Well, the male builds the bower because it's the place for a female to watch him as he does his thing. These bowers are made of hundreds of sticks of equal length and shape, and they're all straight. It requires a mental tool called templating. He sits in the center of the bower and goes back and forth between the two sides to make it symmetrical. So it's not about building something elaborate, it's about building a place where she can sit and watch him do his dance.
Do birds fall in love?
You have parrots that seem to want to be near their mates, some feeling of a bond that makes them feel that they need to seek closeness. That's not our definition of love, but it seems to be some variation of love. There's variation of how people love, too. I personally feel that animals are fully capable of affection and love toward mates in particular, but also toward their flocks. They studied this in ravens—they have shifting groups, but they remember relations with individuals within those different groups for long periods of time.
Not sure if you have this info readily available, but which birds have the closest divorce rate to humans?
They used to say, "If you want to stay together forever with your mate, marry a swan." But the truth is that most birds are not monogamous. There's extra-pair mating. They have a mate they'll raise a family with, but they get around. This is true for both female and male birds.
If birds are so great and social and smart, how come they don't help their human friends be better beings?
Some of them do! I would argue that if you spend enough time with them, they'll have a positive influence on you. And, you know, there are birds like honeyguides. They've developed these relationships with humans where they'll hop from one branch to another and call to alert humans to a beehive. The humans open the hive to get the honey, and the birds can get whatever remains.
Sweet. Okay, so let's say that we've misrepresented birds in our language and in popular culture, and that birds can, in fact, be as smart as dolphins or primates. What does this new reality mean for us?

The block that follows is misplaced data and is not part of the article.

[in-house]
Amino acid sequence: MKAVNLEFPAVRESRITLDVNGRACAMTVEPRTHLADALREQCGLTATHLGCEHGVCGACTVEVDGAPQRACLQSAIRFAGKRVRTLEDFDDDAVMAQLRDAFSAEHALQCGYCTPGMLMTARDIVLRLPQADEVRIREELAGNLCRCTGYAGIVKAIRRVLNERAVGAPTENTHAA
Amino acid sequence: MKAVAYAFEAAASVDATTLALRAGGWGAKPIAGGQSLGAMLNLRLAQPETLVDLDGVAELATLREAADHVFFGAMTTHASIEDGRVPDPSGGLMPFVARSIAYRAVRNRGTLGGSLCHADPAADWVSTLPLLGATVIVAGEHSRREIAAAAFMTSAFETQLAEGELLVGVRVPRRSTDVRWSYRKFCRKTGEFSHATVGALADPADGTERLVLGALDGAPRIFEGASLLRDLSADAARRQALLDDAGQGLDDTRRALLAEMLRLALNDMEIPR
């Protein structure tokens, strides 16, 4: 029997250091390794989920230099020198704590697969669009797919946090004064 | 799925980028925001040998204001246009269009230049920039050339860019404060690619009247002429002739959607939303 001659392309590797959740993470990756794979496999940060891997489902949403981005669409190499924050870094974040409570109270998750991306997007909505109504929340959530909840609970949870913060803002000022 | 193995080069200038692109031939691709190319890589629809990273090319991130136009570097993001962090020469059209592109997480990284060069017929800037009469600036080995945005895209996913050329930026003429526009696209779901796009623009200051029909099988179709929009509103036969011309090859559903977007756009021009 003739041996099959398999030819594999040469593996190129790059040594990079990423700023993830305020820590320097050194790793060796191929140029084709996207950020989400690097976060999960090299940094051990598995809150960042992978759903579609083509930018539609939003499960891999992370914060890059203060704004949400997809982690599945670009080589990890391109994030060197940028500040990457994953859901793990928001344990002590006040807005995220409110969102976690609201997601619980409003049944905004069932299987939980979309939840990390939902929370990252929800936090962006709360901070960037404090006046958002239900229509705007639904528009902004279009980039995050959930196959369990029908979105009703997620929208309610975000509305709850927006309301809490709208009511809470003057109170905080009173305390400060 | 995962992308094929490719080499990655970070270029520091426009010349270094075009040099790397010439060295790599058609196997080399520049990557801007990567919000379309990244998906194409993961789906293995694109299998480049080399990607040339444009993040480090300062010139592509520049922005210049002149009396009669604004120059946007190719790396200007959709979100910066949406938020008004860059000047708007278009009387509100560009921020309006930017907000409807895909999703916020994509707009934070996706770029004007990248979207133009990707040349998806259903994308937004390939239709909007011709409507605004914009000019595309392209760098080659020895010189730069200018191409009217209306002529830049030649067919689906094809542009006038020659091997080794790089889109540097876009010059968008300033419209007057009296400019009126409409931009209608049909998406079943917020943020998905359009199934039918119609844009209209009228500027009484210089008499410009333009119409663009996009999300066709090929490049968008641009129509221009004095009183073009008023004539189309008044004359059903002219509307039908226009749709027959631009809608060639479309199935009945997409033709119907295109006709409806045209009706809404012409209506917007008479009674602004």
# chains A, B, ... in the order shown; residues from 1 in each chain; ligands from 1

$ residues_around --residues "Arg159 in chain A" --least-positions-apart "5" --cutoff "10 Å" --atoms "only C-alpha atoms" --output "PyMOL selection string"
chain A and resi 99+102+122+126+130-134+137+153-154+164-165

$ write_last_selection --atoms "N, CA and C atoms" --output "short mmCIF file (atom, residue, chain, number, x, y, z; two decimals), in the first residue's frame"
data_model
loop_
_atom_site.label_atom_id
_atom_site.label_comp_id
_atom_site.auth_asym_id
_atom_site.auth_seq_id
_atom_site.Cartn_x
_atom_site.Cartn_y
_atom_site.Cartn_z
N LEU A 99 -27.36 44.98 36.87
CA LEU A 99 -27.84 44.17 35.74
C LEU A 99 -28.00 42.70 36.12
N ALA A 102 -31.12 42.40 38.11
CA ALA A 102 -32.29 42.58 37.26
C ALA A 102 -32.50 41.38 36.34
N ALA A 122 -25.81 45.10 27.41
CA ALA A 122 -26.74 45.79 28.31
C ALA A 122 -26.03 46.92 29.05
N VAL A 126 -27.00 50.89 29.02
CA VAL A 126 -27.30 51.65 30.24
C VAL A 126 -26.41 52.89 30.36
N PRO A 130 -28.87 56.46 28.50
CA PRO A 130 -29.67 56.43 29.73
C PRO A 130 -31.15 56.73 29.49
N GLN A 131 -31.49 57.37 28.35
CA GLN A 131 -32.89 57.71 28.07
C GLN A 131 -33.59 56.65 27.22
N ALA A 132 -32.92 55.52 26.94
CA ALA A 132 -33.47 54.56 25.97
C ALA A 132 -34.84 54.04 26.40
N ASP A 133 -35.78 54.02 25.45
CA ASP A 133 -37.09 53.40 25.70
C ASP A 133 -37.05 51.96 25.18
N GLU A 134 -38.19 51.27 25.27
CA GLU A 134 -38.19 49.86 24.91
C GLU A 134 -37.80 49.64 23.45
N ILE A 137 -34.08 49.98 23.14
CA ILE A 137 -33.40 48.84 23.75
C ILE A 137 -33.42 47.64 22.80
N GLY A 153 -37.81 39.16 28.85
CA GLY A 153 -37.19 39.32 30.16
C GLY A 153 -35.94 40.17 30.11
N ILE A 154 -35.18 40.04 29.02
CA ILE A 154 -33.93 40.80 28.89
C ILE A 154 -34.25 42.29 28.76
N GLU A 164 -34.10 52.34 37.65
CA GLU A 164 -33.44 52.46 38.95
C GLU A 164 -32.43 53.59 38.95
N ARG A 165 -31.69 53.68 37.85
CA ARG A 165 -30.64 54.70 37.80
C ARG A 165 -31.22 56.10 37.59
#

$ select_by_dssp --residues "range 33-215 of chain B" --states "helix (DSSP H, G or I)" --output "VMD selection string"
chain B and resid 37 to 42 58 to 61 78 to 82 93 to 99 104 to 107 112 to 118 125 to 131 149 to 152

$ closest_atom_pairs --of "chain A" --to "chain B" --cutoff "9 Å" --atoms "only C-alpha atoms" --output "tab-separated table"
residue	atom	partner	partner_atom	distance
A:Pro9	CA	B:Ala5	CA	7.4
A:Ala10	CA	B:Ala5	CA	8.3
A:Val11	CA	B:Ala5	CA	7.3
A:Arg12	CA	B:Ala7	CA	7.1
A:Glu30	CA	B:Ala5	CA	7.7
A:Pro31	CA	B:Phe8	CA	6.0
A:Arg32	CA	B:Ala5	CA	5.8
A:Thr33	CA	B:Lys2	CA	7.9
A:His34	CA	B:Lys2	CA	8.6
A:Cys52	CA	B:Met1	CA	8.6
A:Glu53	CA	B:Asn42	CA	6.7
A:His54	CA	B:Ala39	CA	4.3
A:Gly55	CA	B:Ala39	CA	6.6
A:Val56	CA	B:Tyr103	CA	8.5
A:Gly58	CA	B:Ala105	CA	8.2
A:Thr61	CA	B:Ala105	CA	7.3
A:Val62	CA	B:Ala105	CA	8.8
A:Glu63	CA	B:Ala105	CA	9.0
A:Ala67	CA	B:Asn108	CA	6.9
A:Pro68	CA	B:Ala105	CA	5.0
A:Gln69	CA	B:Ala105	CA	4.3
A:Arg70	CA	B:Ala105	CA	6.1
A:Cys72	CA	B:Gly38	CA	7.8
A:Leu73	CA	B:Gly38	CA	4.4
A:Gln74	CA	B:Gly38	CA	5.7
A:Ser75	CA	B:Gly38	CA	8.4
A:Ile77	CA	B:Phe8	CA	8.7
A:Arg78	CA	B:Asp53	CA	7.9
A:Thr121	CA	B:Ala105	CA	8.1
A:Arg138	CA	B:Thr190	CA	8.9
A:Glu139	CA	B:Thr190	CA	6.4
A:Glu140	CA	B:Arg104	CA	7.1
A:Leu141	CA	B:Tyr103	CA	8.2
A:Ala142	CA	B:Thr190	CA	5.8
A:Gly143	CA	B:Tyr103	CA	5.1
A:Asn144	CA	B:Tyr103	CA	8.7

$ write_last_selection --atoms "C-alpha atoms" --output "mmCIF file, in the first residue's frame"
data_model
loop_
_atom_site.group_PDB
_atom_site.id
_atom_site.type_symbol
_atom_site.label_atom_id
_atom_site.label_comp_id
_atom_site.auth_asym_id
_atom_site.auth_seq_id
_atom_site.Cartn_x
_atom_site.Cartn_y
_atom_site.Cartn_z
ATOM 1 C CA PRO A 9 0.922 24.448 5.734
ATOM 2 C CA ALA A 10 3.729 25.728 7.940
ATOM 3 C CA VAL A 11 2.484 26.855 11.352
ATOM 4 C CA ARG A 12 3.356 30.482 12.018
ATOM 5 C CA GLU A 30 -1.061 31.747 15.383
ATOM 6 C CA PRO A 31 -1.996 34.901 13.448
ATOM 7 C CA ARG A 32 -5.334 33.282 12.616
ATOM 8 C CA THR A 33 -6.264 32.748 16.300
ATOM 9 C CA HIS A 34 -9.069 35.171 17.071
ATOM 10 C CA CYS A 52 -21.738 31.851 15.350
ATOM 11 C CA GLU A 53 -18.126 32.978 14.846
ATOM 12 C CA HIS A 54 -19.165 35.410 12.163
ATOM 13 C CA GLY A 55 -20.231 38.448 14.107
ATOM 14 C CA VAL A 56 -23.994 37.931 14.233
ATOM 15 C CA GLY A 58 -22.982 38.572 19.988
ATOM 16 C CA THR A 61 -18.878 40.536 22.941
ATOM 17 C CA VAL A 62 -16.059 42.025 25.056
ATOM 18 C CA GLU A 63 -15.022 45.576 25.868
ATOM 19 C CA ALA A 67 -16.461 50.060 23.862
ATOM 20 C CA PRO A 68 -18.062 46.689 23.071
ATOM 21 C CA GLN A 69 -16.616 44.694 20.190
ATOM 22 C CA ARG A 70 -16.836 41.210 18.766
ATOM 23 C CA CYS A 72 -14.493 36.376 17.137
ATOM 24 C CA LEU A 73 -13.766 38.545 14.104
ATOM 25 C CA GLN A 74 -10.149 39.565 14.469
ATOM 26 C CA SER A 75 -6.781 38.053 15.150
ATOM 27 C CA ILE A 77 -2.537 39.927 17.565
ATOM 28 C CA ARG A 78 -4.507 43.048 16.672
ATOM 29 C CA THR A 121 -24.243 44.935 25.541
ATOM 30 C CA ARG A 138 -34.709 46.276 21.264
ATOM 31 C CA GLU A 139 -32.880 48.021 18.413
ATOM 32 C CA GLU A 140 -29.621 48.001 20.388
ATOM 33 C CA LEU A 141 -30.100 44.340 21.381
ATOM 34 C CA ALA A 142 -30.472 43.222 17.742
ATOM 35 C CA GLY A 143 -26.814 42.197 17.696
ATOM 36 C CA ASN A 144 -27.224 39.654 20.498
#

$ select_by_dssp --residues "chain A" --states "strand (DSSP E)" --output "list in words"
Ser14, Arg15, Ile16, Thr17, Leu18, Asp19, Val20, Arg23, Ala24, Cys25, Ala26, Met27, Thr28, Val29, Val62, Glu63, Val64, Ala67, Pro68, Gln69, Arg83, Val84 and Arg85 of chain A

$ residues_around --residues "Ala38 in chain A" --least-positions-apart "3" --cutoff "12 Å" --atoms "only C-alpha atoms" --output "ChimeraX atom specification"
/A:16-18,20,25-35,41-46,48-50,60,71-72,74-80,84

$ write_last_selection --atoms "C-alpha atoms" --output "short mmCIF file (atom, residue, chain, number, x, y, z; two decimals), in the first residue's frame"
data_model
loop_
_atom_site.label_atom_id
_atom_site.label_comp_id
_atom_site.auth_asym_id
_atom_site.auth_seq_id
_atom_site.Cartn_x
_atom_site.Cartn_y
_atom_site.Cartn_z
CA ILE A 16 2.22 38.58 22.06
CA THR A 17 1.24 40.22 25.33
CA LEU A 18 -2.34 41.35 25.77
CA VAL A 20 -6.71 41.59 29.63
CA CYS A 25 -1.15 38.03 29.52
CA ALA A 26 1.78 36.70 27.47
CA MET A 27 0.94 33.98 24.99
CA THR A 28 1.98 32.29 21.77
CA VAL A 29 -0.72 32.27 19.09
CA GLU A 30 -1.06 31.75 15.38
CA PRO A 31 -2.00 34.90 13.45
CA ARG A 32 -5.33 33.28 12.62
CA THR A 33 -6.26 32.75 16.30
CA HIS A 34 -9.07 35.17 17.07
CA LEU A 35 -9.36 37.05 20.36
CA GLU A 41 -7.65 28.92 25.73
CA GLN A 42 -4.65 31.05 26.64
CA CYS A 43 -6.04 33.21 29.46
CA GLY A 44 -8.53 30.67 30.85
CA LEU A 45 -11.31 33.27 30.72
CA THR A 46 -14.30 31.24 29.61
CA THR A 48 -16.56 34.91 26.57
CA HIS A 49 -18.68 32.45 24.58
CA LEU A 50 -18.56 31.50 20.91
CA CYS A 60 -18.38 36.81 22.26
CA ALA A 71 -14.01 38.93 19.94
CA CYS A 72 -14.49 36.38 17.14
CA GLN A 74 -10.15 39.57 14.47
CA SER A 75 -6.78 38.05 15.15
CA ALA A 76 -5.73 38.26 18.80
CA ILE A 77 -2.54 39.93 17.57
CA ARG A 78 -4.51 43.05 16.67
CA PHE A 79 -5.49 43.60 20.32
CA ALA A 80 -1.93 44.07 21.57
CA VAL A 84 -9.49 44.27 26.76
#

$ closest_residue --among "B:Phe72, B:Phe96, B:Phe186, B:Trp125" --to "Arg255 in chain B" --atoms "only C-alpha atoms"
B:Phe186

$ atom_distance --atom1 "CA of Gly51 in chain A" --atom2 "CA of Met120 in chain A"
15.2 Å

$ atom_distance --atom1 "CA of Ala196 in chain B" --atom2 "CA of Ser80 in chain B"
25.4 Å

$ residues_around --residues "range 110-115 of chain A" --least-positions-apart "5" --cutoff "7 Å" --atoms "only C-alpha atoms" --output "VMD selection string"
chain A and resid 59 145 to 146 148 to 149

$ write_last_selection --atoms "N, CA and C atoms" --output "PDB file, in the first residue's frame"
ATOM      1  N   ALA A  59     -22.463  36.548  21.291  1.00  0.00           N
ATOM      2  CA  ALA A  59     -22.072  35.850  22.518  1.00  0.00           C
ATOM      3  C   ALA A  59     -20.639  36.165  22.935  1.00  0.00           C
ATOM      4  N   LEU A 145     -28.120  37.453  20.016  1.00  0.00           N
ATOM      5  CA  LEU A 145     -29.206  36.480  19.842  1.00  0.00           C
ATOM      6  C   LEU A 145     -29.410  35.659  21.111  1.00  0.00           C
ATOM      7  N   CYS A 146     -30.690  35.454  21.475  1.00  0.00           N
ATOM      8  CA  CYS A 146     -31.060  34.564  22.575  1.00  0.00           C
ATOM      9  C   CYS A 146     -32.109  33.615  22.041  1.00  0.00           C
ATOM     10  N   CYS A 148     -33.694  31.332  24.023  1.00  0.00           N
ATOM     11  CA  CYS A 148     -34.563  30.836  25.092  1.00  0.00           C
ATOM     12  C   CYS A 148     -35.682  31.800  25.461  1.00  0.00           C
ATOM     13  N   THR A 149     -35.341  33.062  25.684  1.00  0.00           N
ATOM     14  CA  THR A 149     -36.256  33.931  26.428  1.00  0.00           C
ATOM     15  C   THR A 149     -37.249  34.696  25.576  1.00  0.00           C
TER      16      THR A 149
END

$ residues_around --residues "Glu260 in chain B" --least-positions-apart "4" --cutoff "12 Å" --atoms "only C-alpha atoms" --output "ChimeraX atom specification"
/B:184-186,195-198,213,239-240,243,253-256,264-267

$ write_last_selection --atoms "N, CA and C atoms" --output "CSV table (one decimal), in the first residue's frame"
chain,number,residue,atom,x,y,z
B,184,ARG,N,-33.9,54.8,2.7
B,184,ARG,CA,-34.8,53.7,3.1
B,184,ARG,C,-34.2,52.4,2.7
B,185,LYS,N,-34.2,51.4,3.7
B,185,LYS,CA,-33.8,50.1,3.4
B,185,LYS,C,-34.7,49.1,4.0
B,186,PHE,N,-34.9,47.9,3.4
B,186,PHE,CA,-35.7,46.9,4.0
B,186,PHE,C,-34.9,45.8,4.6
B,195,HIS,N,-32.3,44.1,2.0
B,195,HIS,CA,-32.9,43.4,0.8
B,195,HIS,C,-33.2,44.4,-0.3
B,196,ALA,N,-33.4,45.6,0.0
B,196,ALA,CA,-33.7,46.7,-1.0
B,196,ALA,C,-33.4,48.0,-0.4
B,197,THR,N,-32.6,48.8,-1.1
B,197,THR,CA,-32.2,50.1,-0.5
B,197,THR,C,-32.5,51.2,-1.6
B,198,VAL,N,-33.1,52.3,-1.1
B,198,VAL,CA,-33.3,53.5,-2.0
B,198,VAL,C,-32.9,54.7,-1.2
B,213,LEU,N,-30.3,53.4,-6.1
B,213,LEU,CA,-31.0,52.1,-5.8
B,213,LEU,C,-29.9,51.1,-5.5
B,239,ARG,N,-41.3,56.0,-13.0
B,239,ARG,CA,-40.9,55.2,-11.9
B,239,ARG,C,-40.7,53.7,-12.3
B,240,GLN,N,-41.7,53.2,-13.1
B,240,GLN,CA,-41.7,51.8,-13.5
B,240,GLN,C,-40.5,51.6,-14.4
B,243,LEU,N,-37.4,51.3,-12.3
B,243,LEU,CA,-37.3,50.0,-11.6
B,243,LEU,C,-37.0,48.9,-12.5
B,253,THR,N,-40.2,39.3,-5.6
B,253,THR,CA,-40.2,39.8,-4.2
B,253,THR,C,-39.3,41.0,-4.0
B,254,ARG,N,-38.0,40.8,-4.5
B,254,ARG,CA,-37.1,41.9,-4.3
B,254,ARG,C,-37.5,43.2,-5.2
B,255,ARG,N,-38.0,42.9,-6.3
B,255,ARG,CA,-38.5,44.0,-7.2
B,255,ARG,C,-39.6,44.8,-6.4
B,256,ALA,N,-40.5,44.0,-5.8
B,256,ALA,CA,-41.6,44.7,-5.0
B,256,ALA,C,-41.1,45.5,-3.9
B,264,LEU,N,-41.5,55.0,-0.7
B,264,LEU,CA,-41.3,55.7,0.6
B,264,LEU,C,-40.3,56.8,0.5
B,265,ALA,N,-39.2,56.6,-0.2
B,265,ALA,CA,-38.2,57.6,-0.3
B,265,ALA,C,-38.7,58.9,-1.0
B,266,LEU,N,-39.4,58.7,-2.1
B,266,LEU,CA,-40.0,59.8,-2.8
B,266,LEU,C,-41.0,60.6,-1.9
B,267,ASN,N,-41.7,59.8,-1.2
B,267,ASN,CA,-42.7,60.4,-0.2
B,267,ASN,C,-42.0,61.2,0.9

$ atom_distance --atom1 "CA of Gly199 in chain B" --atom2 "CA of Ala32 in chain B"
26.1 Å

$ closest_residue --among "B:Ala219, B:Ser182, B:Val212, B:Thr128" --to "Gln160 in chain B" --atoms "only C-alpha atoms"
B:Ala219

Our new understanding of the intelligence of birds is making us question the nature of intelligence and how it evolved, and maybe appreciate how there are different kinds of intelligence. The things that you and I are talking about are things that humans do well, too. But birds have remarkable capacities and skills that leave us in the dust, like their capacity for spatial orientation. A hummingbird can remember a particular flower in a particular field, and it won't revisit that flower again until it has refilled itself with nectar, and so somehow it's keeping track of which flowers it has fed from and the rate of nectar refill. That's not a kind of intelligence we possess. And we don't understand it! We don't understand how a bird can find its way to a place it's never been, or how it finds its way back if it's been displaced by a thousand miles. So there's a lot we have to learn about what intelligence is, and the forms that it takes in different organisms, and how it came to be.
Are you familiar with the birds of the Pacific Northwest? Which ones should we keep an eye out for?
I happen to love crows. I think they are wicked smart. Those are the birds that are going to be running the planet at some point. But there are smaller, lesser known birds like black-capped chickadees, too. They have this incredible system of communication. When a chickadee calls, it specifies the type of predator and the magnitude of threat that the predator represents. They use the calls to summon reinforcements. If there's a hawk or owl, they want birds to mob the menace. When I learned about this phenomenon in chickadees, it changed the way I heard them. When I pass by them in the woods, I now know that they're registering my presence, and also the hawk above them.
Your last three books were all about the human body. Now you've written a book about birds. Are you going to write another bird book?
After writing this book on birds, I'm really kind of hooked, so I'm going to do another bird book, yes. I'm really happy to be back in the natural world, focused outward instead of inward.